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Another part of the English language is the Prepositions. These are nothing but some common words. Preposition function to link a word to another part of the sentence that tells us the relationship between them. A preposition is one of the nine parts of speech in the English language. Usually, a preposition comes before another word which is a noun phrase. With prepositions, we get to know about the relationship of a noun phrase along with the rest of the sentence.

Here is a list of some commonly used prepositions:

  • At
  • by
  • With
  • Within 
  • Without
  • Via
  • Versus
  • Upon 
  • Up
  • Unlike
  • Until
  • Underneath
  • Under
  • To
  • Towards
  • Toward
  • Through
  • Since 
  • Than
  • Save
  • Round
  • Regarding
  • Past
  • Per
  • Plus
  • Outside
  • Opposite
  • Over
  • Onto
  • On
  • Off
  • Of
  • Near
  • Minus
  • Like 
  • Into
  • Inside
  • In
  • From
  • For
  • Following
  • Excluding
  • Excepting
  • Except

Let us now look at some examples:

  1. The pen is on the desk. (This sentence depicts relationships in space.)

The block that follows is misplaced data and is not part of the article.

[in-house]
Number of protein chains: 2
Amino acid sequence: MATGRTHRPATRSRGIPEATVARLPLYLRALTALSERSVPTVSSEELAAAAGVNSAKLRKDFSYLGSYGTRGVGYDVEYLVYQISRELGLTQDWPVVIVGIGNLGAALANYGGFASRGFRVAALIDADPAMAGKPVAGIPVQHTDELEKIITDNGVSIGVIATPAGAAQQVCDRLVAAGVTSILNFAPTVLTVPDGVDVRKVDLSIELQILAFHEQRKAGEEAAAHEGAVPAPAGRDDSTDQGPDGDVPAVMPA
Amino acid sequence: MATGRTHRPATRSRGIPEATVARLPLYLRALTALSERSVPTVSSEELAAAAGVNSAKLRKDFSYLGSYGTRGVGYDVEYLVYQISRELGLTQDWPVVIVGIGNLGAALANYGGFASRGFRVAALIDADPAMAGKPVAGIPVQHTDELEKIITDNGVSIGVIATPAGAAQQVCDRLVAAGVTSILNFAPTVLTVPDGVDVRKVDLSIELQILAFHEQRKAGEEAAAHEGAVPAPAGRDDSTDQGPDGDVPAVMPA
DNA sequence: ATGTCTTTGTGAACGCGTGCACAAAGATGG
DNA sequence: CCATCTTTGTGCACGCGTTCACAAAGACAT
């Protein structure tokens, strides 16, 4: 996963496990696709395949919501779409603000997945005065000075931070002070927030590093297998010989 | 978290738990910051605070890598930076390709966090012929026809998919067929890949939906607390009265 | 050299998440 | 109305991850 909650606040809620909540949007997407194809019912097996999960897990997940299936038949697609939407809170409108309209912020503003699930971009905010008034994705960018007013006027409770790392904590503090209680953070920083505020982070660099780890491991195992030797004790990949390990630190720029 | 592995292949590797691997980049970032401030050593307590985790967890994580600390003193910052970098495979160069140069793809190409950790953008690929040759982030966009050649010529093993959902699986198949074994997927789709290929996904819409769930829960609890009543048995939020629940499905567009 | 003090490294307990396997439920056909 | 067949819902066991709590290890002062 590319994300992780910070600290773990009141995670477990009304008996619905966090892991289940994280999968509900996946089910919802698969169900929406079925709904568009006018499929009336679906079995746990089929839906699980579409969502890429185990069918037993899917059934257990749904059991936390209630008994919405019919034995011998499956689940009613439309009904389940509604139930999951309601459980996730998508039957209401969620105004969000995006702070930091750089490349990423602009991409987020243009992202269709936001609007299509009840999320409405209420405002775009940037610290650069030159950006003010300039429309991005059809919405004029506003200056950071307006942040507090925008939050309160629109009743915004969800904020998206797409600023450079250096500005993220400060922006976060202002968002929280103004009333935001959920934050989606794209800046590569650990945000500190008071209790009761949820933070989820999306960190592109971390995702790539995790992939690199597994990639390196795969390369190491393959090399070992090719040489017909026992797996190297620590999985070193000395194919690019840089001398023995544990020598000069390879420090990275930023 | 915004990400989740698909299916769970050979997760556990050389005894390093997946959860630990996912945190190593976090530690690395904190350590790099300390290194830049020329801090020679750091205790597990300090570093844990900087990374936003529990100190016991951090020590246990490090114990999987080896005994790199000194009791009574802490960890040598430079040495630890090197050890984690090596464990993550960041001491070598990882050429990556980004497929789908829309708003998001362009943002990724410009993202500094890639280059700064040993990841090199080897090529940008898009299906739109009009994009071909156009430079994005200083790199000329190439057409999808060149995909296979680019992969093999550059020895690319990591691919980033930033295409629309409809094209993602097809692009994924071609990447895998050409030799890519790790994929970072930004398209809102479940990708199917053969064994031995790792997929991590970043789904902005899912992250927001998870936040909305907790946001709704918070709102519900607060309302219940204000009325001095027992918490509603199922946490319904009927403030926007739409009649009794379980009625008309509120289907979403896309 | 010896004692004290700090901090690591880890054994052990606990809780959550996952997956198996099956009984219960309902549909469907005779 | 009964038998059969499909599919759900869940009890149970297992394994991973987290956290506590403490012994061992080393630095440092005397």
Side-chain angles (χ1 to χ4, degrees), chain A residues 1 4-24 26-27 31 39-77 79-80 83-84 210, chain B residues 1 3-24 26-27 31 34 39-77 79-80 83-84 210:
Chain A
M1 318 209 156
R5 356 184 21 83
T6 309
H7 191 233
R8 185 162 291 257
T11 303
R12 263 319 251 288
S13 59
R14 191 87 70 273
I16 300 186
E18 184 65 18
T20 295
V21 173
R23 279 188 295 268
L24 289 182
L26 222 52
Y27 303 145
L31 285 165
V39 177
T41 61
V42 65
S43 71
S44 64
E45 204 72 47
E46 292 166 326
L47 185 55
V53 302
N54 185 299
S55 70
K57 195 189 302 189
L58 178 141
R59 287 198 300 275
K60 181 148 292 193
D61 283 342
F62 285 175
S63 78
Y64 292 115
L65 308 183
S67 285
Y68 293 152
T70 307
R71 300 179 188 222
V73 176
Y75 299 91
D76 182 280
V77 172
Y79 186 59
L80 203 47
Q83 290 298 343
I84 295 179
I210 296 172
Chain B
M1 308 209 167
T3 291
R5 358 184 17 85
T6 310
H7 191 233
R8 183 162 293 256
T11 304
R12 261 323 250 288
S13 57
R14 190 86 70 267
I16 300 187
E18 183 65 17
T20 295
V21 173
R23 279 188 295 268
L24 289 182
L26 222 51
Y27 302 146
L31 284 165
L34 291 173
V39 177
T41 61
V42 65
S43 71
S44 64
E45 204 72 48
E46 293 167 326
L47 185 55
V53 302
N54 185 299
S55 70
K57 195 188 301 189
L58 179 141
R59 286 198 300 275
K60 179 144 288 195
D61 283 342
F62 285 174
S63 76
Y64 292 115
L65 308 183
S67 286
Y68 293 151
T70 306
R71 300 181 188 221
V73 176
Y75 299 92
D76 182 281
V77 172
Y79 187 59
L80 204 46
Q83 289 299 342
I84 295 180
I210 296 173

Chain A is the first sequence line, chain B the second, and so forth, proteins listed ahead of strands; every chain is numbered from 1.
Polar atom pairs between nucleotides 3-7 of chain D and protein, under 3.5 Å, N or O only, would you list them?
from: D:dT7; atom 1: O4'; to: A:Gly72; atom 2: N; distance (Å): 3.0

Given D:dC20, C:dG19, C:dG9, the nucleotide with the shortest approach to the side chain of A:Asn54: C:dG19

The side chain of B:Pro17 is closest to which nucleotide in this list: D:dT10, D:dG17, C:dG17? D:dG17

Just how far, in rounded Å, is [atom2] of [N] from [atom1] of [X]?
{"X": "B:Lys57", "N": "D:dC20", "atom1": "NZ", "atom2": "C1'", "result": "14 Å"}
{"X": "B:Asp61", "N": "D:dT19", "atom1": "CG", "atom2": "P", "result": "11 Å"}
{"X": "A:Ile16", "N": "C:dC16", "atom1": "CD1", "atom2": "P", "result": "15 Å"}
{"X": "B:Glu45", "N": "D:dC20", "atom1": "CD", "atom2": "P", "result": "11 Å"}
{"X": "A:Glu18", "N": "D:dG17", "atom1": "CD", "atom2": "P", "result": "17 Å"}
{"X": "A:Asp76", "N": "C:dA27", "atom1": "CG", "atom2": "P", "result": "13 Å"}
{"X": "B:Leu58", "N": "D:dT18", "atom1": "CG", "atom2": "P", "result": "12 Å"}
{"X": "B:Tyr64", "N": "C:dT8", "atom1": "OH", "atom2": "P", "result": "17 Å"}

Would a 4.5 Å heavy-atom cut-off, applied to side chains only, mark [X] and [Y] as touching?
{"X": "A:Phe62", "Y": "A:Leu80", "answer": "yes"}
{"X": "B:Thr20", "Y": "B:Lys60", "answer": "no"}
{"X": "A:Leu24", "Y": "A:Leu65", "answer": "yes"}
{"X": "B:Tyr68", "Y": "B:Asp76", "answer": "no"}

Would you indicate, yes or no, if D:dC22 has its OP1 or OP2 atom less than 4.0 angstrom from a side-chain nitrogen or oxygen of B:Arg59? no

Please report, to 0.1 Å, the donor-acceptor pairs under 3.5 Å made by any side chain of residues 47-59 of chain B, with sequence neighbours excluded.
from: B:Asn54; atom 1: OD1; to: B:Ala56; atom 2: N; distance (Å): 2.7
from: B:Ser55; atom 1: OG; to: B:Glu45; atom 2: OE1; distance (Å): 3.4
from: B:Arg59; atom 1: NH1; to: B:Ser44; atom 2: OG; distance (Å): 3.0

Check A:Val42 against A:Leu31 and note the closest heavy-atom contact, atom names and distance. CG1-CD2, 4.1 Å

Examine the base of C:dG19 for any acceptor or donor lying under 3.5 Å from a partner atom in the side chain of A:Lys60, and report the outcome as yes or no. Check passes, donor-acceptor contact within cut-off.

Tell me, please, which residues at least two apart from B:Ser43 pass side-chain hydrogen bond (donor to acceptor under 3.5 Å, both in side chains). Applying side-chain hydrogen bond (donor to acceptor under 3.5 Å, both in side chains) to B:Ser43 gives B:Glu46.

2. We will talk in the evening. (This sentence depicts relationships in time.)
  3. He has sent an image by email. (This sentence depicts relationships of the method.)

Prepositions express various other relationships too, in fact, several metaphorical ideas like in love, beyond imagination, etc can be expressed. If by any chance, a preposition does not come before another word, it will still be linked to another word.

For example,

  1. Who did you speak to?
  2. To whom did you speak?
  3. I talked to Mary.

Prepositions have no particular form unlike other parts of speech. Most of the prepositions are singular words, But some of them also have two-three word phrases, like:

  1. One word prepositions (on, into, before)
  2. Complex prepositions (according to, in spite of, but for)

When we speak of a preposition coming before a noun phrase, we also include a noun phrase, a noun, a pronoun, and a gerund.  

Preposition just has one simple rule for itself, and it does not even have any exceptions. The rule says that ‘A Preposition is followed by a noun and not a verb.’

By talking about a ‘noun’, we include,

  • Noun (cat, hate, money)
  • Proper noun (Jane, Thailand)
  • Pronoun (us, him, you, them)
  • Noun  group (my first salary)
  • Gerund (playing, walking)

A preposition can never be followed by a verb. In case if we want to follow a preposition by a verb, we will have to use the ‘-ing- form which we call a gerund or a verb in the noun form.

Let us look at some examples,

  1. The book is on the table
  2. My friend stays in New York
  3. We all were looking for you
  4. We are not used to working